The map shows the popularity of running, cycling and swimming routes completed by people either using the app or importing data from third-party devices. It allows users to count how much exercise they've done and share it with others, a fairly innocuous use and a common one with fitness trackers.
On the weekend, 20-year-old Australian university student Nathan Ruser noticed the map showed the locations and running routines of military personnel at bases in the Middle East and other conflict zones. This has raised security concerns about personnel at United States military bases around the world. But experts and keen observers have recently realized its potential to reveal location patterns of security forces working out at military bases in remote locations.
As Ruser points out, personnel who wish to track their activities but keep them private could have changed their privacy and data sharing settings on Strava, but evidently have not done so.
He also pointed on Twitter that it was possible to locate jogging routes for soldiers, who had the app on for tracking during these activities, which is risky.
But with some analysis, the data could also provide the enemy combatants and terrorists with the intel they need to identify patrol roots, military activity, and potentially locate secret military sites.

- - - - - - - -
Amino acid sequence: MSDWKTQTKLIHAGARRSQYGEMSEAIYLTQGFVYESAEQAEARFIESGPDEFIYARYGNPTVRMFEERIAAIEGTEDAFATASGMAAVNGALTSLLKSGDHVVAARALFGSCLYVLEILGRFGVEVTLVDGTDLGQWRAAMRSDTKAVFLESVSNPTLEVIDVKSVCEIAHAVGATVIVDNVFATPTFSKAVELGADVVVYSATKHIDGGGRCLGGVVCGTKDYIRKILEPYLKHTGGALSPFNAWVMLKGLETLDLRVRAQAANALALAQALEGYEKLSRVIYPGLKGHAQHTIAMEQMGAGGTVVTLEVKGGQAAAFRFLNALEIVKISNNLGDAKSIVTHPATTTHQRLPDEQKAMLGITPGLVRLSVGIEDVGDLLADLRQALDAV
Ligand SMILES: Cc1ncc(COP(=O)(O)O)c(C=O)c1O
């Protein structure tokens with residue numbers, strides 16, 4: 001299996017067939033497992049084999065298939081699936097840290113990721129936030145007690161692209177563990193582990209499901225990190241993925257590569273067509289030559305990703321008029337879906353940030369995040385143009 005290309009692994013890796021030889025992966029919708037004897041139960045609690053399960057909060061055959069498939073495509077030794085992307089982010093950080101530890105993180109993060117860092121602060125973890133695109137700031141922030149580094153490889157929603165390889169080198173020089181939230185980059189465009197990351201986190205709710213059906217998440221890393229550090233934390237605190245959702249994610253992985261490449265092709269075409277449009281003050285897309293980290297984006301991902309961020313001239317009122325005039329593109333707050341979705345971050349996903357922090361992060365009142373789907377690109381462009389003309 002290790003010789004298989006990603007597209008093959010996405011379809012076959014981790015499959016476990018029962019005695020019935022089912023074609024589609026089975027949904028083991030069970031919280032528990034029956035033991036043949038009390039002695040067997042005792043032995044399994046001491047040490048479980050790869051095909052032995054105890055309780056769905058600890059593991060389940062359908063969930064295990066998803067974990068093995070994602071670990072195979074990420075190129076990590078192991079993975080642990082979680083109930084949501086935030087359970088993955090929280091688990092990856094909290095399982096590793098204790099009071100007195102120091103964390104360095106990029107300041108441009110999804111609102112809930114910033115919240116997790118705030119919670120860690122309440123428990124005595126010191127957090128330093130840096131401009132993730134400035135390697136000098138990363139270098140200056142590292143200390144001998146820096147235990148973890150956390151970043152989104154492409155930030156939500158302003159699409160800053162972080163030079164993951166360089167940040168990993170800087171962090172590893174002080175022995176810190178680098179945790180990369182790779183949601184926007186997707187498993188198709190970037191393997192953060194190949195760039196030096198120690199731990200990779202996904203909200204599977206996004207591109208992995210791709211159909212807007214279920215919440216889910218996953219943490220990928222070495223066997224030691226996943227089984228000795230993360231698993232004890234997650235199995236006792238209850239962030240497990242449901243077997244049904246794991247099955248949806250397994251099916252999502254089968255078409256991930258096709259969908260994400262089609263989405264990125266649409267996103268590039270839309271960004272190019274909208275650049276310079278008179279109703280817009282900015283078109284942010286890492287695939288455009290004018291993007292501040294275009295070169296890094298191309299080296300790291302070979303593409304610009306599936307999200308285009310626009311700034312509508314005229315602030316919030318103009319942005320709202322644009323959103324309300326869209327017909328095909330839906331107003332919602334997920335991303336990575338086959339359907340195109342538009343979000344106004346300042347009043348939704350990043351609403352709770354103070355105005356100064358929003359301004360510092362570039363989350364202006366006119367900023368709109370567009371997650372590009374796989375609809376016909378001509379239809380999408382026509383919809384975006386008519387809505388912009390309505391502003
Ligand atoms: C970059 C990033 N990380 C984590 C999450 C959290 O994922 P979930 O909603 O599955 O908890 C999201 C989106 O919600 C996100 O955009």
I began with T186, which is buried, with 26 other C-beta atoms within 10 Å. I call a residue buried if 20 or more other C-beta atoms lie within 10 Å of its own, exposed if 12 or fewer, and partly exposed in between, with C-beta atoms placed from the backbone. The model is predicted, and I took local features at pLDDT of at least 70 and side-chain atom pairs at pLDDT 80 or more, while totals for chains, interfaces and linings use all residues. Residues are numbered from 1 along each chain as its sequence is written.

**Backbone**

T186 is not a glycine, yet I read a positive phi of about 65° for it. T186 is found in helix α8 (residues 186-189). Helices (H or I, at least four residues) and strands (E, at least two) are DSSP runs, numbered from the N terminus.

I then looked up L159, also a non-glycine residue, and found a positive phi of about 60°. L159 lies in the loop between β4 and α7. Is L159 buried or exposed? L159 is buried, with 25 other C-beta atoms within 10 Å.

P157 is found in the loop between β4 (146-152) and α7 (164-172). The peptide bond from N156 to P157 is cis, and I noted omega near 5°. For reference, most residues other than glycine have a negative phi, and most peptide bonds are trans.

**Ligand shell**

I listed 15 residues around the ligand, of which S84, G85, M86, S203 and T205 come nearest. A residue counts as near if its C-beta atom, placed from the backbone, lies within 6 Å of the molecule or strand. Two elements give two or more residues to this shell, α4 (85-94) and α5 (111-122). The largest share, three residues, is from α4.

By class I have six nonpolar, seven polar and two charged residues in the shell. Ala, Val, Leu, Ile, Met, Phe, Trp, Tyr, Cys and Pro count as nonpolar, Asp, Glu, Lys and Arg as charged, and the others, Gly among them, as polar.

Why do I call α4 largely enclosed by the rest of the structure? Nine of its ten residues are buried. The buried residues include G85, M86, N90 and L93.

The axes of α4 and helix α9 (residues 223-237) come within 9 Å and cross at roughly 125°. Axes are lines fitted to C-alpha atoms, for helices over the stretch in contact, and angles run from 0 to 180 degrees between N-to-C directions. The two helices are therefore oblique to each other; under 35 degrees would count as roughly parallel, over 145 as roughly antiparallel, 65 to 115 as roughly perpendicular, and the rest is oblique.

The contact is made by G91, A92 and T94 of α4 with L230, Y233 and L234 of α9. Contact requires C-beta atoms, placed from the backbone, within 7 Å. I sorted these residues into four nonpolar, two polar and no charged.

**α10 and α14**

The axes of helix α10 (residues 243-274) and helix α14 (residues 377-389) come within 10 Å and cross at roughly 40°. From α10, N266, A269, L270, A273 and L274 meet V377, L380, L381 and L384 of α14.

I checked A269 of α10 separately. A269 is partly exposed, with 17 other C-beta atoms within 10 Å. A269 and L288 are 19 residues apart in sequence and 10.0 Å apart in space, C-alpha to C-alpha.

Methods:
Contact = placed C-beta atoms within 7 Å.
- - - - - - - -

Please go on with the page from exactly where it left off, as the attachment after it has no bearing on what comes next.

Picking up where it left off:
"Once you can identify individuals the data becomes a lot more valuable", said Tobias Schneider, a Berlin-based security analyst who has identified the names of 573 people who jog every morning around the parking lot of the headquarters of British intelligence, making it highly likely they work for the agency.
Some parts of the USA and Europe blazed bright with the activity of millions of people using fitness devices, while conflict zones in places like Iraq and Syria showed only the slightest, scattered sparks of activity.
Writing in The Daily Beast, analyst Jeffery Lewis argued the data could be a target for hackers because "Strava knows which user made each track".
"This incident serves to highlight a distinct lack of operational security employed by various government organisations around the world", said Tom Bonner, senior manager of threat research EMEA at cyber security firm Cylance.